Tuesday, 8 May 2018

Opportunity Denial

Opportunity Denial – A Disruption Evaluation Framework

A glaring hole exists, I believe, in the game strategy literature surrounding the evaluation of hindering your opponents’ strategies and goals. As a concept, it’s obviously known, and it’s known to have value, but the amount of value it has is poorly understood. There’s no framework for knowing how to compare it to advancing your own game plan. In this article, I seek to fill that void.

Opportunity Denial

               The basic concept of these evaluations is something I call “Opportunity Denial”. Effectively, it can be summed up as: “The value of thwarting your opponents’ goal is equal to the difference between the value of the goal you have stopped and the opponents’ next best goal”. Effectively, it’s the flipside of opportunity cost – the value of your own prospective choice is tempered by the value of the next best option in that case, and the value of your denial works the same here. In short, denial is more valuable when your opponent doesn’t have any other good options, and less valuable the closer your opponent’s best unstopped option gets to being as good as what you’re preventing.



               Chess is a game where this concept is already fairly well understood (albeit, not by this name). The biggest case of this is with space. A space advantage is often referenced as a good thing, though not often explained. Why is it valuable? Because it constricts your opponent’s pieces – generally, they can’t go to squares attacked by your pawns, and it’s hard to get behind enemy pawns safely, so having advanced pawns means your opponents have fewer squares for their pieces. This is a big denial insofar as they don’t have enough good squares for their pieces, which means that as more pieces get traded off, the less you are denying them, as they have more options per piece overall, and so your space advantage is good for less and less.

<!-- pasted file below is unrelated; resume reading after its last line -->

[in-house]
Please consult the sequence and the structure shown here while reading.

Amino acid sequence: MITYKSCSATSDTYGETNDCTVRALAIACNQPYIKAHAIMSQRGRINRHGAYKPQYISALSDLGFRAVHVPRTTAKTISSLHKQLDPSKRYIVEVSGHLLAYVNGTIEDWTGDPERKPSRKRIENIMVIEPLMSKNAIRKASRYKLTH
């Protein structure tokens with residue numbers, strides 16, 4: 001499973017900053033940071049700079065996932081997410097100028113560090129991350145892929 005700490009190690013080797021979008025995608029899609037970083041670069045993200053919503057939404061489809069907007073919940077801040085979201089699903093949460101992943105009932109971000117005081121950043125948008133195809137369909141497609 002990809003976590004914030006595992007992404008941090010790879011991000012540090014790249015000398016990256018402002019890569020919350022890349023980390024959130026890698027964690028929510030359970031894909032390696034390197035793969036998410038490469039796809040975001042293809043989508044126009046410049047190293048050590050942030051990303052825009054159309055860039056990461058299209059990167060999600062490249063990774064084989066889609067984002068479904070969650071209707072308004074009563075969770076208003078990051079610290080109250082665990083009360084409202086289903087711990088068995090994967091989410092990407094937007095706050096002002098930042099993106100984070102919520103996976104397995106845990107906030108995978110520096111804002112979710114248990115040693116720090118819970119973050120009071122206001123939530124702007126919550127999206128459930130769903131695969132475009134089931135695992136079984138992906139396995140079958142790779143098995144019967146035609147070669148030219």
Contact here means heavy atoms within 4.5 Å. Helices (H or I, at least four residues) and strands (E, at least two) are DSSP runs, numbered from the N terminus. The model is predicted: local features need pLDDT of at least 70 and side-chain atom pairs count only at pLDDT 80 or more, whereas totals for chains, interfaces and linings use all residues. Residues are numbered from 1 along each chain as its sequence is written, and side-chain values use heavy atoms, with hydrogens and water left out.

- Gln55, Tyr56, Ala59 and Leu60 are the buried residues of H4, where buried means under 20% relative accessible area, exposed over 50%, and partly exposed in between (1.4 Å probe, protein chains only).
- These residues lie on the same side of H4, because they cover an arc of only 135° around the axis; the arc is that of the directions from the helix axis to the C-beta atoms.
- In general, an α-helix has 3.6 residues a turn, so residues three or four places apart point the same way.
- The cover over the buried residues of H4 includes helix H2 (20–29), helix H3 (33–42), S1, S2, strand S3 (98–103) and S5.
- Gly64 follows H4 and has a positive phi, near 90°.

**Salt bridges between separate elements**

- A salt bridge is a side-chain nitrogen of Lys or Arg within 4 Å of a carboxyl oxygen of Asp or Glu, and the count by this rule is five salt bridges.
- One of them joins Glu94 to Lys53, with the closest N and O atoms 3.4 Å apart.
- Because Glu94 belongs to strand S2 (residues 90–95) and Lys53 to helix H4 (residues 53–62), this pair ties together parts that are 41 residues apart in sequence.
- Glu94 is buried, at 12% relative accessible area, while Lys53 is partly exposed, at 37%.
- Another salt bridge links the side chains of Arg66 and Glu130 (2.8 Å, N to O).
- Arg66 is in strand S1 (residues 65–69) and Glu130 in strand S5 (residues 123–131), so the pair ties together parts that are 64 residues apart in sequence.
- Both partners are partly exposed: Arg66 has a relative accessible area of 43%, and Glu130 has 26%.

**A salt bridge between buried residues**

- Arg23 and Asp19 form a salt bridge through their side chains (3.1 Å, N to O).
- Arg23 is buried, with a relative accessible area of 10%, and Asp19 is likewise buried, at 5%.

A similar situation presents itself in deep endgames with Kings blocking each other. The opposition is a big deal because it lets you deny your opponent the opportunity to advance. As long as the opponent has another piece to move, then this doesn’t matter as much, but as the number of other pieces goes down, the more zugzwang comes into play, and the opposition matters a lot more.


               In Magic, the concept gets referred to as playing on a different axis. For instance, you can imagine a limited deck of 20 Plains and 30 Swords to Plowshares. Such a deck is never going to lose to most limited decks you’ll come across, which must win only through a pretty limited number of creatures beating you down. However, once your opponents bring any other kind of way of winning – a bigger deck to deck you out, a hexproof creature, a non-creature threat like a planeswalker, etc, then you’re just cold. Often in limited, winning though other means isn’t really viable, so you might be fine (assuming you can guard against them boarding in a hundred extra basic lands and milling you out that way). But in constructed, this is a very bad idea. This is because even though you’ve shut down the creature plan hard, you are only denying them on one axis, and there will be decks with other axes. This concept is exemplified even more by cards that do this on their own, like Moat or Ensnaring Bridge. These cards can take care of creatures pretty well, but they aren’t exactly busting a lot of formats. Part of this is because those cards can be answered, but a big part is that they don’t cover everything. Bridge needed a deck like Lantern Control, which completes the lock by stopping alternatives from getting in hand, in order to really make a huge mark.